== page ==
What happens when a business partner dies?

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Most of us are aware that there will be financial consequences if we lose our husband or wife and understand that this event is likely to create some financial stress. Many people have some sort of strategy to mitigate the financial risk, whether it is through life insurance or building sufficient assets to fund our lifestyle.

The financial consequence of losing a business partner can be just as dire and far more complicated. Unfortunately, most people who have business partners don’t address this risk at all.

The first issue that needs to be considered is what happens to the business in the event of a partner dying? Do you want the spouse (or beneficiary) to become an owner? Do you want the surviving parties to buy out the estate? How do you determine the value? How do you fund it?

It is best to discuss and document all of these things in advance in a partnership agreement (depending on your business structure, it may also be referred to as a shareholder or unit holder’s agreement).

Most people think of these documents mainly as a means to resolve disputes, however, this is only a fraction of the benefit a partnership agreement covers. They also cover how to bring in new partners, plans to exit the business and, in the area I’d like to address here, succession planning in the event of the death of a partner.

Depending on the type and size of the business, it can be quite common for a large portion of an individual’s wealth to be in their business, this is certainly the case for me. Obviously, most people would like that value to go to their own family, not their business partner.

This creates a problem for the surviving business partner, not only have they lost the attributes that their partner contributed to the business, they now have to find a way to buy out the estate of the deceased partner or come to some other arrangement. Again, if this isn’t discussed beforehand, after the event, establishing the value of the business or the terms of the agreement are now adversarial in nature.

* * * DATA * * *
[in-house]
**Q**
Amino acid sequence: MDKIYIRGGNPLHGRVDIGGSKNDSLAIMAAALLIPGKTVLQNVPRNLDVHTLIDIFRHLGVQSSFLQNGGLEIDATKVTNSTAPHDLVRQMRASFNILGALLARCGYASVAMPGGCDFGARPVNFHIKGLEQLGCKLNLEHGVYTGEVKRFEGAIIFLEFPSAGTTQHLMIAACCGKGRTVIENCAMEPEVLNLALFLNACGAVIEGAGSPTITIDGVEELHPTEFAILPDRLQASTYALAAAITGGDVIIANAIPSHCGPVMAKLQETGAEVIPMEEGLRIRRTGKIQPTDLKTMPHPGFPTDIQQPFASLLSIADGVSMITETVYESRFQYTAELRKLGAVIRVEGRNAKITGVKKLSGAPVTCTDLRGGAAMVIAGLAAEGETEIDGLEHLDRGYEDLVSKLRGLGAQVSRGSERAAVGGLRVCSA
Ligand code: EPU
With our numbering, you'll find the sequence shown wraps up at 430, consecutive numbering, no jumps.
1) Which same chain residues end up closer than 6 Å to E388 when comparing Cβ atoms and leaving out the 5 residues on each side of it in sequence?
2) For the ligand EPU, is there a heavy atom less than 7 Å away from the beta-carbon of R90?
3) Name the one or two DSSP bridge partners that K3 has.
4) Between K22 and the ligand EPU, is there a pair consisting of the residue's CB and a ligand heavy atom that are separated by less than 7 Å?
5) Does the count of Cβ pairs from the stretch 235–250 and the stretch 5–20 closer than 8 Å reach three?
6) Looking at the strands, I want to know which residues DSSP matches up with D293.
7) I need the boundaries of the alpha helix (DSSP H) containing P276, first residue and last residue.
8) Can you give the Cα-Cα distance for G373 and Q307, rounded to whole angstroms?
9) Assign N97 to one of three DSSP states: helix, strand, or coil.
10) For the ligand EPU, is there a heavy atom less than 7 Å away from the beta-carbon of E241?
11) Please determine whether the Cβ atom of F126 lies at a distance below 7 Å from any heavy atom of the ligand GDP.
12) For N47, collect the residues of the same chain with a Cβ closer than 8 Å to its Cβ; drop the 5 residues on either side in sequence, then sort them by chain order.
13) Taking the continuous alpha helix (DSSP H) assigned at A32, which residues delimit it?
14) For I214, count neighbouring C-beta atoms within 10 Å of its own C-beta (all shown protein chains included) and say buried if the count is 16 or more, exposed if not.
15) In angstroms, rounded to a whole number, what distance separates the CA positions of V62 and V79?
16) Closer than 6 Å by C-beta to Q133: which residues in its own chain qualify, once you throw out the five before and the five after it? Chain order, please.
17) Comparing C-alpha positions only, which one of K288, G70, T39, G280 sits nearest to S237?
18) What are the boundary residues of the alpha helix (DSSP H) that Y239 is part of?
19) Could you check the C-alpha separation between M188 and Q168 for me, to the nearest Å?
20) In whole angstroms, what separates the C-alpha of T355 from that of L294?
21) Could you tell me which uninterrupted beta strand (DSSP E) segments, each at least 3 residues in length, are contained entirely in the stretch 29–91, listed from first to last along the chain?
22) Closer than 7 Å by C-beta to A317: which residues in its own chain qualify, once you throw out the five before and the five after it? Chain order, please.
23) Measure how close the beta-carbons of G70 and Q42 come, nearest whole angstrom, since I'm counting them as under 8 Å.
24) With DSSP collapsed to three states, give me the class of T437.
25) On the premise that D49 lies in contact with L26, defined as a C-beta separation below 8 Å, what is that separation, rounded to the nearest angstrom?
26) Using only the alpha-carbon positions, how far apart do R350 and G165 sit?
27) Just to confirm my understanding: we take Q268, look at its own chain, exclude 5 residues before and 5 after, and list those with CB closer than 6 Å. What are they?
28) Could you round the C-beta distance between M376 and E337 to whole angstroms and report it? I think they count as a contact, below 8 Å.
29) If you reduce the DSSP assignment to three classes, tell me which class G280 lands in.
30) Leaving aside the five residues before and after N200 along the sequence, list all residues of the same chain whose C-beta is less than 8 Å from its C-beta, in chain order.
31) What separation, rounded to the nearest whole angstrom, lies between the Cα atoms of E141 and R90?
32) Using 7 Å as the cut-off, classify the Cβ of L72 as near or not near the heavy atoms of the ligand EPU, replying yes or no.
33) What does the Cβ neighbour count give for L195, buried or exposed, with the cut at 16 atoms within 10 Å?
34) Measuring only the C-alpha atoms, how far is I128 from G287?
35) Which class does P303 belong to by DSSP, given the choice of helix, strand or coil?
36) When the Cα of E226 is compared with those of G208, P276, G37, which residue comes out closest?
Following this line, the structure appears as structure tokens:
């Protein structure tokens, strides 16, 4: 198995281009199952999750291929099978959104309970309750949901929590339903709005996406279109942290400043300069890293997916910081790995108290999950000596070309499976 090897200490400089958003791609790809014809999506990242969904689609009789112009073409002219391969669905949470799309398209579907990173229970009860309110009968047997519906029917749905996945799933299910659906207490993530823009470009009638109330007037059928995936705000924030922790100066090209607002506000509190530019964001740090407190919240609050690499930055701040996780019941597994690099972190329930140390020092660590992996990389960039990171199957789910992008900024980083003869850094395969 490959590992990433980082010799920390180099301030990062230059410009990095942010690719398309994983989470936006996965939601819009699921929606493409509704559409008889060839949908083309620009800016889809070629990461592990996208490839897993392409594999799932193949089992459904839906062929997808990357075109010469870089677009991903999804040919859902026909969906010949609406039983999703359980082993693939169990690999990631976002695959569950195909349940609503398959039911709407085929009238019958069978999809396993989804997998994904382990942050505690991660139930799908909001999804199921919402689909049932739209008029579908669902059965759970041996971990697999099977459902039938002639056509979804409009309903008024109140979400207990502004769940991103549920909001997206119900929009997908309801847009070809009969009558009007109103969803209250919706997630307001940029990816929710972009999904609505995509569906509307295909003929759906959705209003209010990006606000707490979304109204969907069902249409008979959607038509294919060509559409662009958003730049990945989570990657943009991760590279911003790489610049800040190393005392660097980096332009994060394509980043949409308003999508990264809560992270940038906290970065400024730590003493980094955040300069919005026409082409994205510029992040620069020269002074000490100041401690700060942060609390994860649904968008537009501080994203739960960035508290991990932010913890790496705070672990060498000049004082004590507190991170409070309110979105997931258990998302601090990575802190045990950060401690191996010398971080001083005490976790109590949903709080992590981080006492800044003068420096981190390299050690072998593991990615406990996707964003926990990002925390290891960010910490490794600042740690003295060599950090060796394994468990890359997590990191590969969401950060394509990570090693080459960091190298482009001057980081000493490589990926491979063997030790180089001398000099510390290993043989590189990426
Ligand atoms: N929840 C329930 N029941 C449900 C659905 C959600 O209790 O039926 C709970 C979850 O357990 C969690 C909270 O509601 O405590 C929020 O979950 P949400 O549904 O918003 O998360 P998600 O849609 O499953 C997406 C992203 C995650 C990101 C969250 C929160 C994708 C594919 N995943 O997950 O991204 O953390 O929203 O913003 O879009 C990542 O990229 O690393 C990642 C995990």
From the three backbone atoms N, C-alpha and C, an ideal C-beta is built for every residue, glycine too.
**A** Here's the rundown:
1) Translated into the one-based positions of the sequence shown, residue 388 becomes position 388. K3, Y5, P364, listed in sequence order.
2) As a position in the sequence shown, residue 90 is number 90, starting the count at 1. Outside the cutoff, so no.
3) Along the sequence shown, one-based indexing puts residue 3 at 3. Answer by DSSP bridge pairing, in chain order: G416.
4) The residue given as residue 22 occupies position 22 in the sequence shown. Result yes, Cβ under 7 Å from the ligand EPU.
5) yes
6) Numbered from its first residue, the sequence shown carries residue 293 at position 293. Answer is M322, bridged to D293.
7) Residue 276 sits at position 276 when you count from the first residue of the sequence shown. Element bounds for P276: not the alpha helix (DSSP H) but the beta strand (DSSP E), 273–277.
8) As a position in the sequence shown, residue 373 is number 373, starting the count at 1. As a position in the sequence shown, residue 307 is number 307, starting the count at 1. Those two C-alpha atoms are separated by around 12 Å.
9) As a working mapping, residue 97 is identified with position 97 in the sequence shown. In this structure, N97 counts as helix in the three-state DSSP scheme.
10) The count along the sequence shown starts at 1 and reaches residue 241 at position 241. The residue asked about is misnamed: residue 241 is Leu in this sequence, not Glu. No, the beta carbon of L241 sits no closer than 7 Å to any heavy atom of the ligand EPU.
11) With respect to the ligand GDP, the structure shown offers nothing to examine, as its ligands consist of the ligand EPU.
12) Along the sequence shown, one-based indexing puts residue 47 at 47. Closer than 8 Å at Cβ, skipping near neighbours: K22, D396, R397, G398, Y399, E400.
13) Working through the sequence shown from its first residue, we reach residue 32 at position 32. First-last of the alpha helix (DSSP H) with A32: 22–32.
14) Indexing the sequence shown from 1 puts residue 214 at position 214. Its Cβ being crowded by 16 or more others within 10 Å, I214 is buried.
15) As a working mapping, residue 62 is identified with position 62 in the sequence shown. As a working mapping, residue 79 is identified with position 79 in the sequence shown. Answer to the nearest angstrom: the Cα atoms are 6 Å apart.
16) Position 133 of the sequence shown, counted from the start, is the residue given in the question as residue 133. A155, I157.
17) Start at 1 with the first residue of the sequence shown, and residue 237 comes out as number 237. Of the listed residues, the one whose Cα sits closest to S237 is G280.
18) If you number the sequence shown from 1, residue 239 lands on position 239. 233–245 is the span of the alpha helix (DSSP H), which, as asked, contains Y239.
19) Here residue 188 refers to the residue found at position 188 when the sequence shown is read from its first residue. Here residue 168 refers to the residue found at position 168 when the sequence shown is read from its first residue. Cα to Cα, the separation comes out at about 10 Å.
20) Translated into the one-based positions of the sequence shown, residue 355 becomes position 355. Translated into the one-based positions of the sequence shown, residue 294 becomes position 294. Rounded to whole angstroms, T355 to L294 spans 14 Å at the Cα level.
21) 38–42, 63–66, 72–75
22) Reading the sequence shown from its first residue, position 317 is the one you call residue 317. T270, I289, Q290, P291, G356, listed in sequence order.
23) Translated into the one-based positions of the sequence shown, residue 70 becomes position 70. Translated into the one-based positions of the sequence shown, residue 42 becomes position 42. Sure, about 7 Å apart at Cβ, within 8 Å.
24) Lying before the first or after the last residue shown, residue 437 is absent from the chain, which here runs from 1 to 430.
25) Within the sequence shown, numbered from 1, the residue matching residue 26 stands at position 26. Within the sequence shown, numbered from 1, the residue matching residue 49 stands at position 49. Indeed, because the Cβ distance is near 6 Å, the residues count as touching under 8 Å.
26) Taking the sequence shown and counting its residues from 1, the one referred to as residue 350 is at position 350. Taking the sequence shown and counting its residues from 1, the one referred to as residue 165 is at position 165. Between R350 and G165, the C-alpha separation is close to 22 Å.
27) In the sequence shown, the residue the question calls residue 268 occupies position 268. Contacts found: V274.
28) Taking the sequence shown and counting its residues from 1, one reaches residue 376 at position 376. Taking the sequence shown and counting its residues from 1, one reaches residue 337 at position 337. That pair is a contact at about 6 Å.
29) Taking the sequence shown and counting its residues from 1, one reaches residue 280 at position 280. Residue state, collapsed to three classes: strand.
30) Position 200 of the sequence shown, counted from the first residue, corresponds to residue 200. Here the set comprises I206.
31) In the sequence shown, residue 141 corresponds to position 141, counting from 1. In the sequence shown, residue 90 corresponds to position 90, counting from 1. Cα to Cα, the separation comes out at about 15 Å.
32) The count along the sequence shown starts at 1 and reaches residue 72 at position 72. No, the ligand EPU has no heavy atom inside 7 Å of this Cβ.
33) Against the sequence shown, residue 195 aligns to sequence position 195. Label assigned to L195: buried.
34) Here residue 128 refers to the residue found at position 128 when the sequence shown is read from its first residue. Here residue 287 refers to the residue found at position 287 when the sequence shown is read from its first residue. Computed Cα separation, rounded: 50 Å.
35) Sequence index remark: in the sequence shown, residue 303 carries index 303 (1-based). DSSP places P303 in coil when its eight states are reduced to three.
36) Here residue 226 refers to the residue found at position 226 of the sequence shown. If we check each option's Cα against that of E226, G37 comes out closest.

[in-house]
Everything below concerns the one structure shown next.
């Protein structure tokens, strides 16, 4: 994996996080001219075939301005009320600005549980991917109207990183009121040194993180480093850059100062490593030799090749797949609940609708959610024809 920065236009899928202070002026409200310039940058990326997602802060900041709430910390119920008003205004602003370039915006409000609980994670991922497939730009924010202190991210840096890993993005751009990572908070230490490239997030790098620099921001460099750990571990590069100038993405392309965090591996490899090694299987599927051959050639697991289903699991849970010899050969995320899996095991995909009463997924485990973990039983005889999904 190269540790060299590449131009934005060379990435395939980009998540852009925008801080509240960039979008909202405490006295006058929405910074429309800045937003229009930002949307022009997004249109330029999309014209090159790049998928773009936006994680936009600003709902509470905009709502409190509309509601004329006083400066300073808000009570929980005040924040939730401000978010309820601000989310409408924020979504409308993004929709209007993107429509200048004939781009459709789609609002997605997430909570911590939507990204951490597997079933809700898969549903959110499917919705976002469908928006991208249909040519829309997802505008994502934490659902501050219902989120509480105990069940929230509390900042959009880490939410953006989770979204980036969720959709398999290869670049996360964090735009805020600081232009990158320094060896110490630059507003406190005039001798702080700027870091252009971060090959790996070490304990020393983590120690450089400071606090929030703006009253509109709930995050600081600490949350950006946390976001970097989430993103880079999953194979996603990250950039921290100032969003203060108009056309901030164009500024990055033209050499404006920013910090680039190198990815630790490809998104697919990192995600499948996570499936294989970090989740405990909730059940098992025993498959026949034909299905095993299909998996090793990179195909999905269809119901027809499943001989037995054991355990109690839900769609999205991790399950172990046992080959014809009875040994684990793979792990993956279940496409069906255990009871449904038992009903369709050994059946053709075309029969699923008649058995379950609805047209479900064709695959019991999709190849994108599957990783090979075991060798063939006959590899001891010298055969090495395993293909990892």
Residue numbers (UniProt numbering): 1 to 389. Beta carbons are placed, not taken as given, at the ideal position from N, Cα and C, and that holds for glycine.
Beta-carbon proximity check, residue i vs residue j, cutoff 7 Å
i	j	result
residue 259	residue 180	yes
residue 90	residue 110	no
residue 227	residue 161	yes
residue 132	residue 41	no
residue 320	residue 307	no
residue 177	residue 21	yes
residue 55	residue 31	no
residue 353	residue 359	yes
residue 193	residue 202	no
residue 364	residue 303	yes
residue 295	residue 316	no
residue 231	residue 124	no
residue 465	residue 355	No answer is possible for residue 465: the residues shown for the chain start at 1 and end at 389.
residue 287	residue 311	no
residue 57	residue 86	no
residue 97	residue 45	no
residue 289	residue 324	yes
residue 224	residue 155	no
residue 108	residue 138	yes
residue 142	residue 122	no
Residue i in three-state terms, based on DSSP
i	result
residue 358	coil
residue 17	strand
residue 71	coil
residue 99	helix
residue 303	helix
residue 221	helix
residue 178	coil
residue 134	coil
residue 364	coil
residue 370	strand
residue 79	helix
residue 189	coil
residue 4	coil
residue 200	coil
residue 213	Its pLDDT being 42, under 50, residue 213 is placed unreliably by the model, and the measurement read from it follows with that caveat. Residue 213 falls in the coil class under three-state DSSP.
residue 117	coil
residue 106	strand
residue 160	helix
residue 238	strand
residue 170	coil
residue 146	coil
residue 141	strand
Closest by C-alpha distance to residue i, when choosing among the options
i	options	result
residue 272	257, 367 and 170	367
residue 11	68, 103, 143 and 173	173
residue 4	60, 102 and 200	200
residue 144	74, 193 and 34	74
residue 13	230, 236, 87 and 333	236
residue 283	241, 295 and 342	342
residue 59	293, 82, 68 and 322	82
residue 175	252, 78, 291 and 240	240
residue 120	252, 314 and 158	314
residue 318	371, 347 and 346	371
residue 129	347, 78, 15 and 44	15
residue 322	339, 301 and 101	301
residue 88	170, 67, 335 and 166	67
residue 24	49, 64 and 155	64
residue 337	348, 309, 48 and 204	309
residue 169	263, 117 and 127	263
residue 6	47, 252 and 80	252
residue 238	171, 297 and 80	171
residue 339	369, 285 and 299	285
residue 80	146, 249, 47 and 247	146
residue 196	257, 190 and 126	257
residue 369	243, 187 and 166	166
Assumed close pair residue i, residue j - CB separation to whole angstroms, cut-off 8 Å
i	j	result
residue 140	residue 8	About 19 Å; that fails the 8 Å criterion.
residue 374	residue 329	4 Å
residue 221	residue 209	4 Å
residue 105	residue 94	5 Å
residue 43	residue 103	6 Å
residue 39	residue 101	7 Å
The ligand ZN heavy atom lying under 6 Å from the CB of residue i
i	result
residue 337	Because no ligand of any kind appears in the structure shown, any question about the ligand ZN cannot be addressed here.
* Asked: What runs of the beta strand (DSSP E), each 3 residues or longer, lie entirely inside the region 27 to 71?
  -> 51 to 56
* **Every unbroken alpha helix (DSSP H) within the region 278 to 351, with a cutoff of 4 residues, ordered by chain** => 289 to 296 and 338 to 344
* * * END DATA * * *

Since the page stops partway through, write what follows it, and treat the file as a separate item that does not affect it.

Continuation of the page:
Funding the purchase in many cases will be difficult.

Unless the surviving partner has the funds available, they will need to make other arrangements such as obtaining a loan. This may place cashflow pressures on the business.

One very effective strategy to deal with this in advance is to use a buy/sell contract outlining the terms of the sale. It is also advisable to obtain an insurance policy on all business owners to fund the purchase.

This results in the surviving partners being able to continue to own the business, and the estate of the deceased is able to receive their share of the value of the business.

If you’re in business with other people, I’d highly recommend going through the process of developing a partnership agreement and addressing what happens if one of the partners dies.

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